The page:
On January 30, 2009, Japan Airlines (JAL) became the first airline to conduct a demonstration flight using a sustainable biofuel primarily refined from the energy crop, camelina (Camelina sativa, German: Leindotter). It was also the first demo flight using a combination of three sustainable biofuel feedstocks, as well as the first one using Pratt & Whitney engines. The results of the flight are expected to confirm the biofuel’s operational performance capabilities and potential commercial viability.
The approximately one and half-hour demo flight using a JAL-owned Boeing 747-300 aircraft, carrying no passengers or payload, took off from Haneda Airport, Tokyo at 11:50am (ST). A blend of 50% biofuel and 50% traditional Jet-A jet (kerosene) fuel was tested in the No.3 engine (middle right), one of the aircraft’s four Pratt & Whitney JT9D engines. No modifications to the aircraft or engine were required for the biofuel.
The JAL cockpit crew onboard the aircraft checked the engine’s performance during normal and non-normal flight operations, which included quick accelerations and decelerations, and engine shutdown and restart. Data recorded on the aircraft will now be analyzed to determine if equivalent engine performance was seen from the biofuel blend compared to typical Jet A fuel. The initial analysis of the data will take several weeks and will be conducted by team members from Boeing, Japan Airlines, and Pratt& Whitney.
The biofuel component tested was a mixture of three second-generation biofuel feedstocks: camelina (84%), jatropha (under 16%), and algae (under 1%).
Boeing Japan President, Nicole Piasecki said, “We are hopeful that within the next 3-5 years, commercial aircraft will begin flying revenue passenger flights using sustainable next-generation biofuels. There are remaining hurdles to overcome, including gaining the support of regulators, airports, fuel distributors and others, as well as increasing the production of environmentally and socially responsible fuel sources. Our industry is already working to secure its fuel future supply by establishing firm sustainability criteria to ensure that the environmental impacts and carbon dioxide emissions from biofuels are significantly lower than fossil fuel-based kerosene fuels.”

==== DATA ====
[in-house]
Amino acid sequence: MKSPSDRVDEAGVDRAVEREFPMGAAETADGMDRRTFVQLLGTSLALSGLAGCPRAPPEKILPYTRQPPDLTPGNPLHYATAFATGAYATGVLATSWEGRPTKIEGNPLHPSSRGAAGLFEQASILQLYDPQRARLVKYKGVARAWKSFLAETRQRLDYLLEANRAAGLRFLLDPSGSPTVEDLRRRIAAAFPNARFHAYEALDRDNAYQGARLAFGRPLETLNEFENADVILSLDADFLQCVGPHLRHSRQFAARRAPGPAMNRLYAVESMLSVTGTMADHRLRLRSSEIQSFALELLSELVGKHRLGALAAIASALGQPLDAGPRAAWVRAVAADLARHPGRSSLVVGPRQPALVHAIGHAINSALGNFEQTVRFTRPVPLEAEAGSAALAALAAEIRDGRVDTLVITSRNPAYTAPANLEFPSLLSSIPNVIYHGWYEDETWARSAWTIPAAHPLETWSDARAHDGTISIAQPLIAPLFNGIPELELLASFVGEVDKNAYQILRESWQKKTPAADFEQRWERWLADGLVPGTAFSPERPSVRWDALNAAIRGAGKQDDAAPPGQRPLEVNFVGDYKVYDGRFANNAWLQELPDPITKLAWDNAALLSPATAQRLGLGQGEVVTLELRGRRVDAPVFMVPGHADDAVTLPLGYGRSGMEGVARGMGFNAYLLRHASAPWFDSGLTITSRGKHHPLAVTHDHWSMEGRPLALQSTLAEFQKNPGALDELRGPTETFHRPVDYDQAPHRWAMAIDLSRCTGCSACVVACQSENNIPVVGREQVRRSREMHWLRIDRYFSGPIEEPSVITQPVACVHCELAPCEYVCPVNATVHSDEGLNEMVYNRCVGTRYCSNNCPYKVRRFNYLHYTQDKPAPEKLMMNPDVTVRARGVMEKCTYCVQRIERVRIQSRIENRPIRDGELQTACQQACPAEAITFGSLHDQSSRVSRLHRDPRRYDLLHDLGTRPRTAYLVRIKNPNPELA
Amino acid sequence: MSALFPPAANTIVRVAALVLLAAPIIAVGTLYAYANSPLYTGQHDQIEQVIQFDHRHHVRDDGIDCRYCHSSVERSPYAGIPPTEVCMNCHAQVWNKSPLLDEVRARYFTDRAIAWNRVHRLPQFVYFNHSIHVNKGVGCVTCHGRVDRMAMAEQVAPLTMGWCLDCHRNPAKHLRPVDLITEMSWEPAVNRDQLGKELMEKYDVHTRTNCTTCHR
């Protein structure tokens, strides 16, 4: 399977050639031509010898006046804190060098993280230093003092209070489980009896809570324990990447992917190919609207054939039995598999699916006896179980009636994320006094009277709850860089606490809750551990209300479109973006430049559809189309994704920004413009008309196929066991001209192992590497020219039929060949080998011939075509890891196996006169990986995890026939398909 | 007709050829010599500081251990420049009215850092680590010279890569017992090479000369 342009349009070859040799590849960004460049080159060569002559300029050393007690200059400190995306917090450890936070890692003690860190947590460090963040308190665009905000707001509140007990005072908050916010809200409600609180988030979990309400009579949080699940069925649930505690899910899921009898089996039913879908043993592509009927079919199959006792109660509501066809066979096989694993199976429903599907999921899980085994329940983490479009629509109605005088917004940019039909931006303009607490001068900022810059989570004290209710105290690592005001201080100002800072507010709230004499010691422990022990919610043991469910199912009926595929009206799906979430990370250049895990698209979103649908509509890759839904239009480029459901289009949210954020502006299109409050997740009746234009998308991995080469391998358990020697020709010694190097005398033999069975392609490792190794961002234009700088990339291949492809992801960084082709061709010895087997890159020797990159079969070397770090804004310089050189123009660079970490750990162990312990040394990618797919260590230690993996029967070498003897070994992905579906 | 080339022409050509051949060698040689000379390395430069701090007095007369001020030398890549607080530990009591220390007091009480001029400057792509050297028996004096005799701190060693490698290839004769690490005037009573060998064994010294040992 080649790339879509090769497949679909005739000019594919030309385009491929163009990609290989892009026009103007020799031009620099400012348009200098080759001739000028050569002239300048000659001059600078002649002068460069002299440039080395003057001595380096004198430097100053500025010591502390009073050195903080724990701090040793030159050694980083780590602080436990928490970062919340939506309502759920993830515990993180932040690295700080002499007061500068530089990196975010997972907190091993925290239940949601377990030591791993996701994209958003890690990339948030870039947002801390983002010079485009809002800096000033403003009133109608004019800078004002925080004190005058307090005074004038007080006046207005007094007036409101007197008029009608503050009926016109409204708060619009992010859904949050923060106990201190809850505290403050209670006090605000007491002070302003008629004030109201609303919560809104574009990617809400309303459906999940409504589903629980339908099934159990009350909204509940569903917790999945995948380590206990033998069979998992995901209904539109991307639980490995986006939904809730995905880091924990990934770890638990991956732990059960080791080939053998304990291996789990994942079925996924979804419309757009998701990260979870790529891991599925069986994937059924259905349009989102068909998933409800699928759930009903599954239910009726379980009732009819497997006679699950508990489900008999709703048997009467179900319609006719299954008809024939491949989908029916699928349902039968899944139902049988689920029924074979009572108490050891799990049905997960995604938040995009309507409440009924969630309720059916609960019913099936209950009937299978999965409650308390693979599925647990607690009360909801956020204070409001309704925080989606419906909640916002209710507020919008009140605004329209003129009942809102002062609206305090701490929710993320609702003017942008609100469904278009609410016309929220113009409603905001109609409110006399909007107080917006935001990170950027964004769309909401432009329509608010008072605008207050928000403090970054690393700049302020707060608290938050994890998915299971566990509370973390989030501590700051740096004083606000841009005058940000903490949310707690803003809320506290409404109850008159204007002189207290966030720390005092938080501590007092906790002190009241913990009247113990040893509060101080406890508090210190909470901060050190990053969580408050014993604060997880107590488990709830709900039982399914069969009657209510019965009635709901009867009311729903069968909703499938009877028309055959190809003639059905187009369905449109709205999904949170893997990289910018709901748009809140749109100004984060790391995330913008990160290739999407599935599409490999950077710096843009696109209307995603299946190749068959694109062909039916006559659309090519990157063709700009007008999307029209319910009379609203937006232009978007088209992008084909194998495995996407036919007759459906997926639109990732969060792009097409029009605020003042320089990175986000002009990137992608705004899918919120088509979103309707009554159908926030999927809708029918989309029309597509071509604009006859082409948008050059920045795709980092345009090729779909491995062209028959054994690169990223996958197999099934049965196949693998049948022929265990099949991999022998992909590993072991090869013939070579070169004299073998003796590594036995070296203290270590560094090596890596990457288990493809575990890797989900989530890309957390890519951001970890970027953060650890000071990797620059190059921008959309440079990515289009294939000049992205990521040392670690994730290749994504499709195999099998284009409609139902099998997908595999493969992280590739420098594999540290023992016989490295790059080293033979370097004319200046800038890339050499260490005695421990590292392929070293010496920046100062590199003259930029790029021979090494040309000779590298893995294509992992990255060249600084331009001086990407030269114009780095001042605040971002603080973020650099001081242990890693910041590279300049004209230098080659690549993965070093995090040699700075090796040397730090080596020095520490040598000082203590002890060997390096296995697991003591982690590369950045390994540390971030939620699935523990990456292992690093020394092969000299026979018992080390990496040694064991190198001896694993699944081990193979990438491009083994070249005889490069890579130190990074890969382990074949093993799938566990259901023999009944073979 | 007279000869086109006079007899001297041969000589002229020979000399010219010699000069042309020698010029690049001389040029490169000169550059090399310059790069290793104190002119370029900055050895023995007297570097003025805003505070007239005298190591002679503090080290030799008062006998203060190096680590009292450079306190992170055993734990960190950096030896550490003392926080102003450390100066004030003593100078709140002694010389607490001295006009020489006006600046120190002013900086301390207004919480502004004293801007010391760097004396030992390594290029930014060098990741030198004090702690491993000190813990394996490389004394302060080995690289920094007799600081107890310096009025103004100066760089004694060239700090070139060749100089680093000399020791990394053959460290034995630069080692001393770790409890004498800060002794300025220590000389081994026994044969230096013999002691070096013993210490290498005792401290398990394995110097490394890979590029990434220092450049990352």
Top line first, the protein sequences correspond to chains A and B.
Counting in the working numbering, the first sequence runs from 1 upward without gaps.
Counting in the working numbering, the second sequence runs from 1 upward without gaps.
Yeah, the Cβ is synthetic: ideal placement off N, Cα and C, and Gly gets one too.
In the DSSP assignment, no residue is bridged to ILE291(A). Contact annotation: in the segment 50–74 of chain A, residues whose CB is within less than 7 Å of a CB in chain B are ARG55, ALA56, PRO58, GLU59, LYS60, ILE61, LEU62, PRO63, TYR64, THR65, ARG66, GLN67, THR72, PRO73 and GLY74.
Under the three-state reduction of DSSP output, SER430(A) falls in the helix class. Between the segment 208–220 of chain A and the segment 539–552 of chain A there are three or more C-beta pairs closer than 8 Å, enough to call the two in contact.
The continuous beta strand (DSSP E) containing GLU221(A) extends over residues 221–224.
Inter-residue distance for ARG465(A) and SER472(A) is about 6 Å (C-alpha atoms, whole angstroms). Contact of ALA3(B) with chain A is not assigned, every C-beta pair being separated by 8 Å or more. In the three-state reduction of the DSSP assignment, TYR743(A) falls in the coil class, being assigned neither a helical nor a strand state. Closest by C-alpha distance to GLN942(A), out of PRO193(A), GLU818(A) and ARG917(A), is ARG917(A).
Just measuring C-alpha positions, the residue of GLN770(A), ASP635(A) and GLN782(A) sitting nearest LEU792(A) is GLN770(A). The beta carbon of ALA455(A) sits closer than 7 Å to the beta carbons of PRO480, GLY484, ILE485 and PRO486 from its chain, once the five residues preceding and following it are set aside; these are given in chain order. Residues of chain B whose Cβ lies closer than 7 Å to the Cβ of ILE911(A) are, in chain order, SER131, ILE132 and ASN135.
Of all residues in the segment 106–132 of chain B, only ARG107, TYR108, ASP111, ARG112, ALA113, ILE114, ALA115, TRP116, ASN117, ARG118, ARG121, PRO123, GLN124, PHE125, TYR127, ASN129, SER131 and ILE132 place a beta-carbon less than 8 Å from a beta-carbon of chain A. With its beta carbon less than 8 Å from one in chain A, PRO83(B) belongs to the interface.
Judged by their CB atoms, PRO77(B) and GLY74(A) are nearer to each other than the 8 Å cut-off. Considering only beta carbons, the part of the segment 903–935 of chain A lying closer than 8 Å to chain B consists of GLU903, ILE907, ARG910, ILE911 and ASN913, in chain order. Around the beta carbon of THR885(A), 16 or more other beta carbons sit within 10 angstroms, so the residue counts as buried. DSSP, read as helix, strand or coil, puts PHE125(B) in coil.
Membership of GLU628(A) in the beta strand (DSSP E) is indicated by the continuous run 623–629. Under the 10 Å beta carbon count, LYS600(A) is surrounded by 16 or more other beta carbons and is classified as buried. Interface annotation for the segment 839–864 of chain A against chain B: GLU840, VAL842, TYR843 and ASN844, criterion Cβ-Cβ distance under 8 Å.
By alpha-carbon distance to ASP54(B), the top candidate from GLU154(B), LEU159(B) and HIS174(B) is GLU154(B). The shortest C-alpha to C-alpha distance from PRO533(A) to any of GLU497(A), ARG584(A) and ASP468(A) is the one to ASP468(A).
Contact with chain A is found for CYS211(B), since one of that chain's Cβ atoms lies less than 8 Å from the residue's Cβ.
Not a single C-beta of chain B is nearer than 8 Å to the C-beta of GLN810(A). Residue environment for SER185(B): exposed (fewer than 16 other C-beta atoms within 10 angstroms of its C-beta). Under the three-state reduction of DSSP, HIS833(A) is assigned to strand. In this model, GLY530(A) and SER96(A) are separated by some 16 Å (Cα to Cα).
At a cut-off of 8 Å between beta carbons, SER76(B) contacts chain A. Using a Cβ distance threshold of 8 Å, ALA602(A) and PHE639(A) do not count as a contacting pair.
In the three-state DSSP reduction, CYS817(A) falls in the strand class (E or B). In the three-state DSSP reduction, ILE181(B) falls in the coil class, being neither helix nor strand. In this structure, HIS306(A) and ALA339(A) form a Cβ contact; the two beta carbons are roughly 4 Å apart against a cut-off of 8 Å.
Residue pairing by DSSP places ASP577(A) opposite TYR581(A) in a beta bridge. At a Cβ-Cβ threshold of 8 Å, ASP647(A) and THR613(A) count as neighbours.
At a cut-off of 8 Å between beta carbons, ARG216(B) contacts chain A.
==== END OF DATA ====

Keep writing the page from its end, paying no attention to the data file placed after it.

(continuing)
The fuel for the JAL demo flight was successfully converted from plant-based crude oil to biofuel, then blended with typical jet fuel by Honeywell’s UOP, a refining technology developer, using proprietary hydro-processing technology. Subsequent laboratory testing by Boeing, UOP, and several independent laboratories verified the biofuel met the industry criteria for jet fuel performance.
Camelina: Candidate for sustainable biofuel source
Sustainable Oils, Inc., a U.S.-based provider of renewable, environmentally clean, and high-value camelina-based fuels sourced the camelina used in the JAL demo flight. Terasol Energy sourced and provided the jatropha oil, and the algae oil was provided by Sapphire Energy. Nikki Universal, a joint venture of UOP and JGC, supplied the biofuel used in the flight, which had been produced in the U.S by UOP.
Also known as gold-of-pleasure or false flax, camelina is good candidate for a sustainable biofuel source, given its high oil content and ability to grow in rotation with wheat and other cereal crops. The crop is mostly grown in more moderate climates such as the northern plains of the U.S and Canada, and originally hails from northern Europe and Central Asia. Test plots are also underway in Malaysia, South Korea, Ukraine and Latvia.
“There are currently a few thousand acres under management, with an expectation of hundreds of thousands of acres within three years. Within 5 years, projections are for between 100 million and 200 million gallons of camelina-based sustainable jet fuel,” said Tom Todaro, CEO of Sustainable Oils.
Source: Japan Airlines (JAL), 2008-01-30.